Visit site: futurestories.life
As this project had to be undertaken at speed, a much reduced discovery phase was required. Thankfully, as this project was intended to be used only in the Knowsley area the audience was already well known to both The Young Foundation and Knowsley Council. During our discovery phase the team at The Young Foundation and the council acted as a proxy for the actual audience.
To begin with I created a series of wireframes for the project. This included all of the pages that people would need to visit to view other users stories, and most importantly the page that they would need to use to upload their own story. These wireframes were then used to test the overall concept, and to check for any gaps in the user journey.
From this testing we learnt and adapted several things about the story upload form. Firstly, we realised that although there was three specific story ‘types’ that could be uploaded (text and image, video, audio) it was likely that all users would want to be given the option to upload an image of themselves. We chose to include the image upload option on every version of the form, regardless of the type. We also realised that many of these images were likely to be selfies, taken in portrait mode on a mobile. This meant that the final site design needed to cope with both landscape and portrait images elegantly. This was achieved through generating a new landscape image if a portrait image was uploaded that included the original portrait image in the centre, and a blurred and enlarged version of the original image to fill out the space.
Secondly we realised that some users were likely to struggle with ideas for stories, or would need prompting to get started. We played around with including prompts on the form itself, but it was decided that this made the form too crowded and harder to understand.
Instead we decided that an ‘idea generator’ could be a good way to entice people to think about their experiences. This would need to be contained on a separate page, so that it did not distract from the upload form. The design for this generator is based on a traditional slot machine, with three wheels that turn and provide different ideas for stories. The slot machine style interface is both familiar and novel, and allows people to see several ideas at once, all whilst being able to generate more ideas with the click of a button.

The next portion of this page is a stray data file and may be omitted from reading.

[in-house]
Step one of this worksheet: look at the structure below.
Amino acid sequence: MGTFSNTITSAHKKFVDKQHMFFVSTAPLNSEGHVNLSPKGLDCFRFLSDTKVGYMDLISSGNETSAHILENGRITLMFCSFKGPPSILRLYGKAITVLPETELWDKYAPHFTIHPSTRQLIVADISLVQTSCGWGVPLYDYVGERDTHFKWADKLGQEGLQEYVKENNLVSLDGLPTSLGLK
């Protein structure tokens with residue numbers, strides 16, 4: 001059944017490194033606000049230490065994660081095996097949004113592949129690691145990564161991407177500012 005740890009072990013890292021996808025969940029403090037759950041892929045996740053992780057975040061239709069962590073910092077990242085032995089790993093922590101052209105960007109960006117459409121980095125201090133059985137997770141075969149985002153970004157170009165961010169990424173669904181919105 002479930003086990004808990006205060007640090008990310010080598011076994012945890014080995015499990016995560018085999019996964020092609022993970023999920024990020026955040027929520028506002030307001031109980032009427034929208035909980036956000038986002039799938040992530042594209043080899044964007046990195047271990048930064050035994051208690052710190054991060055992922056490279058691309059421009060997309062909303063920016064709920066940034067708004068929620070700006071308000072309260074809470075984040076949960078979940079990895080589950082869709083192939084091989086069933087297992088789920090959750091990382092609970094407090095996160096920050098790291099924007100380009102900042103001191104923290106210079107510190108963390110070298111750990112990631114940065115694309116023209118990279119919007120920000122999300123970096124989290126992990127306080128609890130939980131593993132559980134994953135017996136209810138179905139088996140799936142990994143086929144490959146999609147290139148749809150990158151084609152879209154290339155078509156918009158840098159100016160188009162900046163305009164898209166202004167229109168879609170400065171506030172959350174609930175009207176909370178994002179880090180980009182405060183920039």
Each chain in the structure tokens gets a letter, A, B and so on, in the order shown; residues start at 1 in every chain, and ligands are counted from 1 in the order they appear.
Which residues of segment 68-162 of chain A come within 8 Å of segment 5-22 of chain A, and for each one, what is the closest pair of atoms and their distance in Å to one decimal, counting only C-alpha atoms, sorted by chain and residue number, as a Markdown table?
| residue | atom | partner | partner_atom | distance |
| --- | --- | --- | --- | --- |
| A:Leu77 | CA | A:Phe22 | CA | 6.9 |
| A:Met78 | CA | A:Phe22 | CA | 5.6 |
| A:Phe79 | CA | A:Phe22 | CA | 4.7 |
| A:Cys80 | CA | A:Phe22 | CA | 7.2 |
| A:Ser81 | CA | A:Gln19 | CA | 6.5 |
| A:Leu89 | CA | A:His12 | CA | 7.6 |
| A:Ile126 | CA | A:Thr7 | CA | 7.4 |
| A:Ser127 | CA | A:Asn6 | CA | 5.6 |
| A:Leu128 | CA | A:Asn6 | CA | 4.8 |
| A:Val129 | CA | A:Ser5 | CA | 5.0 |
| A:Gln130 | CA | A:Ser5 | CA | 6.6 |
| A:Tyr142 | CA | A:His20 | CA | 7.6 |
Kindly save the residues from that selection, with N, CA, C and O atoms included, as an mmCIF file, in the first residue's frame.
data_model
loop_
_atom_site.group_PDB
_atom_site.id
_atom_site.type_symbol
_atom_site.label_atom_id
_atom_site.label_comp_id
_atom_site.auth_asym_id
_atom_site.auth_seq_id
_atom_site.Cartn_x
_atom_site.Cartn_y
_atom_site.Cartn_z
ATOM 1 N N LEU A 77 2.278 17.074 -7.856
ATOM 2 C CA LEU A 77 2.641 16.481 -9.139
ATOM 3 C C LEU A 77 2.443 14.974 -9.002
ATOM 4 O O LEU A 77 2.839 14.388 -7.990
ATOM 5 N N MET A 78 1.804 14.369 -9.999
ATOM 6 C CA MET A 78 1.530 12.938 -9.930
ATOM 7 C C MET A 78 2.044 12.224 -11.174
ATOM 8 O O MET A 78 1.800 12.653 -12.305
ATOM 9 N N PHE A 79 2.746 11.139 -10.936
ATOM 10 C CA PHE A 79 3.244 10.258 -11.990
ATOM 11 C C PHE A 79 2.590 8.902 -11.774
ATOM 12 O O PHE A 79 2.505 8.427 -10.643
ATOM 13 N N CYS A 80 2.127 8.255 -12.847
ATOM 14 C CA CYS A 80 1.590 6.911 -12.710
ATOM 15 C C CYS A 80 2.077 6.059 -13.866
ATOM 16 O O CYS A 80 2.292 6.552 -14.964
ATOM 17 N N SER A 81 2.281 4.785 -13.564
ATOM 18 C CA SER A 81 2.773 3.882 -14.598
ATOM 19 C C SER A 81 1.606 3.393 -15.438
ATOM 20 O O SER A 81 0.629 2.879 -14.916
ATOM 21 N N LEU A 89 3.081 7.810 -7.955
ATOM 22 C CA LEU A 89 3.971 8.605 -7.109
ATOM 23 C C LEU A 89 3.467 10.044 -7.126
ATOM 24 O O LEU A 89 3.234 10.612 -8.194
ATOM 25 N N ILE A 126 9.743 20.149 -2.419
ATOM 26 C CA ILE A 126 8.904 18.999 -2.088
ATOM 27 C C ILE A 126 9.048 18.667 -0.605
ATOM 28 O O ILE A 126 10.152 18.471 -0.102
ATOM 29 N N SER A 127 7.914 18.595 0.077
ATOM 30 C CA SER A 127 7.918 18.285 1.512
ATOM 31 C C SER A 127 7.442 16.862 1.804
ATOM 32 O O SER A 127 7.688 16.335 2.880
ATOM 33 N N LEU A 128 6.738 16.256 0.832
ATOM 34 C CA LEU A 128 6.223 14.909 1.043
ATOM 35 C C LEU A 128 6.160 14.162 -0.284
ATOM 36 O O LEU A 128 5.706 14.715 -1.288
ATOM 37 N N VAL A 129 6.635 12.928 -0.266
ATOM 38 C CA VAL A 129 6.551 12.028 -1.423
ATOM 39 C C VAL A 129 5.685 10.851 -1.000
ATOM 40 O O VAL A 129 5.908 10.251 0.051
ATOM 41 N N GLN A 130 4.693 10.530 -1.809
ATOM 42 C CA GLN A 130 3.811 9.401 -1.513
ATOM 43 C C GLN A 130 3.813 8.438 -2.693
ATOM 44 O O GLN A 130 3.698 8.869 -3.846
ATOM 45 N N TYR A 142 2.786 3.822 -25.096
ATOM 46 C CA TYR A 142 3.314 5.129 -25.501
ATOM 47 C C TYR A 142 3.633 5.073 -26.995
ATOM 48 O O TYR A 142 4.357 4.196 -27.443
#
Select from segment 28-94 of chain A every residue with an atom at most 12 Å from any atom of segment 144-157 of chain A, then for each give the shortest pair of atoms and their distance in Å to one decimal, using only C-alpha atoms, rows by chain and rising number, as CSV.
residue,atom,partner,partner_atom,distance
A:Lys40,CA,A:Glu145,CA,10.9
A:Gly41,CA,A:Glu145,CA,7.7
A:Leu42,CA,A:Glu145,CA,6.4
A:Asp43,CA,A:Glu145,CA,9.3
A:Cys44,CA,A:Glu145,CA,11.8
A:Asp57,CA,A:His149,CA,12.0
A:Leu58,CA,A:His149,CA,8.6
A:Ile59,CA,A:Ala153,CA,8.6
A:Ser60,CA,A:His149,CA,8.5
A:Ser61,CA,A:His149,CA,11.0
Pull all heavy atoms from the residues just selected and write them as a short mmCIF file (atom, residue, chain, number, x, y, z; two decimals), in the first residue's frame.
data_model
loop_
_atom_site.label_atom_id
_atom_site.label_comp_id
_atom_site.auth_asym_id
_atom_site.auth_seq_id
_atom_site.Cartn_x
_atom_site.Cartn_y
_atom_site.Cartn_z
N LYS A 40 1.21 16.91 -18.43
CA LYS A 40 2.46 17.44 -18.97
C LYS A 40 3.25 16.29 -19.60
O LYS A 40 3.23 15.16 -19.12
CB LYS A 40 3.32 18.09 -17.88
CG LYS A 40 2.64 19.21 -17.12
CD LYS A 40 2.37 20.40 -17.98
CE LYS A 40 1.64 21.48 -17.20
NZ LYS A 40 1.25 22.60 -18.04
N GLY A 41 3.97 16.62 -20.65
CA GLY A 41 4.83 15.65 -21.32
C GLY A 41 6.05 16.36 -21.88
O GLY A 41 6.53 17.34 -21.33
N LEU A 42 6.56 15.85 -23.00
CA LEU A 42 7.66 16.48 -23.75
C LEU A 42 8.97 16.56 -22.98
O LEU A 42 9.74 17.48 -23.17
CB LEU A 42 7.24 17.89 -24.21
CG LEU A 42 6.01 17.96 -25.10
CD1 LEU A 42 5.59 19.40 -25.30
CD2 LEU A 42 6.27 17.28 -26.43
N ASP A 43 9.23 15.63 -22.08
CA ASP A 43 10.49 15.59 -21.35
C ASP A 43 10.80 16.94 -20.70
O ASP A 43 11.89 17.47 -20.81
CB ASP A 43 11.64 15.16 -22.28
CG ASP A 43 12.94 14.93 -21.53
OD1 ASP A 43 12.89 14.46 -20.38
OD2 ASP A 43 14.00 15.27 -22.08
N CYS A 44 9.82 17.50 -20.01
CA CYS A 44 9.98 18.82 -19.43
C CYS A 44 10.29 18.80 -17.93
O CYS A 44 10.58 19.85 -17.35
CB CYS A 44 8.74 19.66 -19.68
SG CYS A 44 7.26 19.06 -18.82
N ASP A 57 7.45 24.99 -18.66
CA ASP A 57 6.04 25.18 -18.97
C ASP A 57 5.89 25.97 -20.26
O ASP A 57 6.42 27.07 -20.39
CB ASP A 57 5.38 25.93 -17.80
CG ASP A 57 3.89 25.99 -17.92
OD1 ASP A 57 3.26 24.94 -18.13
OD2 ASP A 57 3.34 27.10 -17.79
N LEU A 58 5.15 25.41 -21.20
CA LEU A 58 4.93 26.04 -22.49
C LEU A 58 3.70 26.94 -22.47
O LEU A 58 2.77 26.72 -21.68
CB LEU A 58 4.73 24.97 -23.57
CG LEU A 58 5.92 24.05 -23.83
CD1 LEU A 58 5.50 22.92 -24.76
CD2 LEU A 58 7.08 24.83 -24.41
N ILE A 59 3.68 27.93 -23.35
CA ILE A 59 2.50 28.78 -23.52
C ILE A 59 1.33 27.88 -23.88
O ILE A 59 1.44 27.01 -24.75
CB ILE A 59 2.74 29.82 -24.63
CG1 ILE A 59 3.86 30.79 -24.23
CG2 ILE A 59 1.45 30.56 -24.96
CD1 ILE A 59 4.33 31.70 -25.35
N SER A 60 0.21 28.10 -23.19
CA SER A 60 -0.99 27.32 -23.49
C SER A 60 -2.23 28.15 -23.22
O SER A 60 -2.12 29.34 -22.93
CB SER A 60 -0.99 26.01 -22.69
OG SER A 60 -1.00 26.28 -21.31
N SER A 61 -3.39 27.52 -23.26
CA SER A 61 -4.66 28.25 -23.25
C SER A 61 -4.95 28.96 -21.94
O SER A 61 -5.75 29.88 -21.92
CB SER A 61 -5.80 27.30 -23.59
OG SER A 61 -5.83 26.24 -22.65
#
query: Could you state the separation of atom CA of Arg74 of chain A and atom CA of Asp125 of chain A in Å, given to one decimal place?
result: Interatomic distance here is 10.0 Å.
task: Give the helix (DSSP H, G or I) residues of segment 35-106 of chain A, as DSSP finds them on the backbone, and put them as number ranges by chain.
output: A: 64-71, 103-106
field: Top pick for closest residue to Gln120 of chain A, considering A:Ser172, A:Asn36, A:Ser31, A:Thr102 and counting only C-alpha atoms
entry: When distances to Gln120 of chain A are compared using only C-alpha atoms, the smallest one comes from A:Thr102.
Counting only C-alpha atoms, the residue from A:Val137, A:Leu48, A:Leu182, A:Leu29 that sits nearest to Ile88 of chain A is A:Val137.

Lastly, it became clear from testing that The Young Foundation would need some way to vet the stories prior to them going live on the site. To do this, a custom workflow needed to be created in the WordPress admin, where stories that are uploaded are first saved as drafts before a Young Foundation staff member checks over the story and adds any tags that are required before setting the story to public.
Each post has two different taxonomies available, public and private. The public taxonomies are the ‘perspective’ (if the story is looking forwards out of lockdown, or looking back at life in lockdown) and post tags. These taxonomies are used in the front end of the site to help people filter the stories, so that they can read only those which are of interest to them.
The private taxonomies are used by the team at The Young Foundation to sort the stories for research purposes, and not available to view or filter publicly.
Sites that are primarily made up of user generated content present a unique design challenge. They need to both maximise and serve the content, but cannot be too reliant on it, as there is no guarantees of what kind or quality the content will be.
To combat this I decided to build the designs around a set of hand drawn illustrations of people. These illustrations needed to show a wide variety of different genders, races and religions as it was important to The Young Foundation that the site represent the diverse nature of Knowsley itself.
Whilst this was a very specific project, intended for a very specific audience, The Young Foundation requested that the design not be too Knowsley specific as they are in discussions with other councils in the UK about rolling out a similar system for them. I decided on a colour palette that complimented The Young Foundations own brand colours, as they would be the only constant across the different possible implementations. For fonts I utilised two free fonts from the Google Fonts library (Poppins and Kumbh Sans), as this would keep costs down if the site needed to be reused.
Overall the project has been a success, with over 50 stories from local people available to read online, and more being added each week.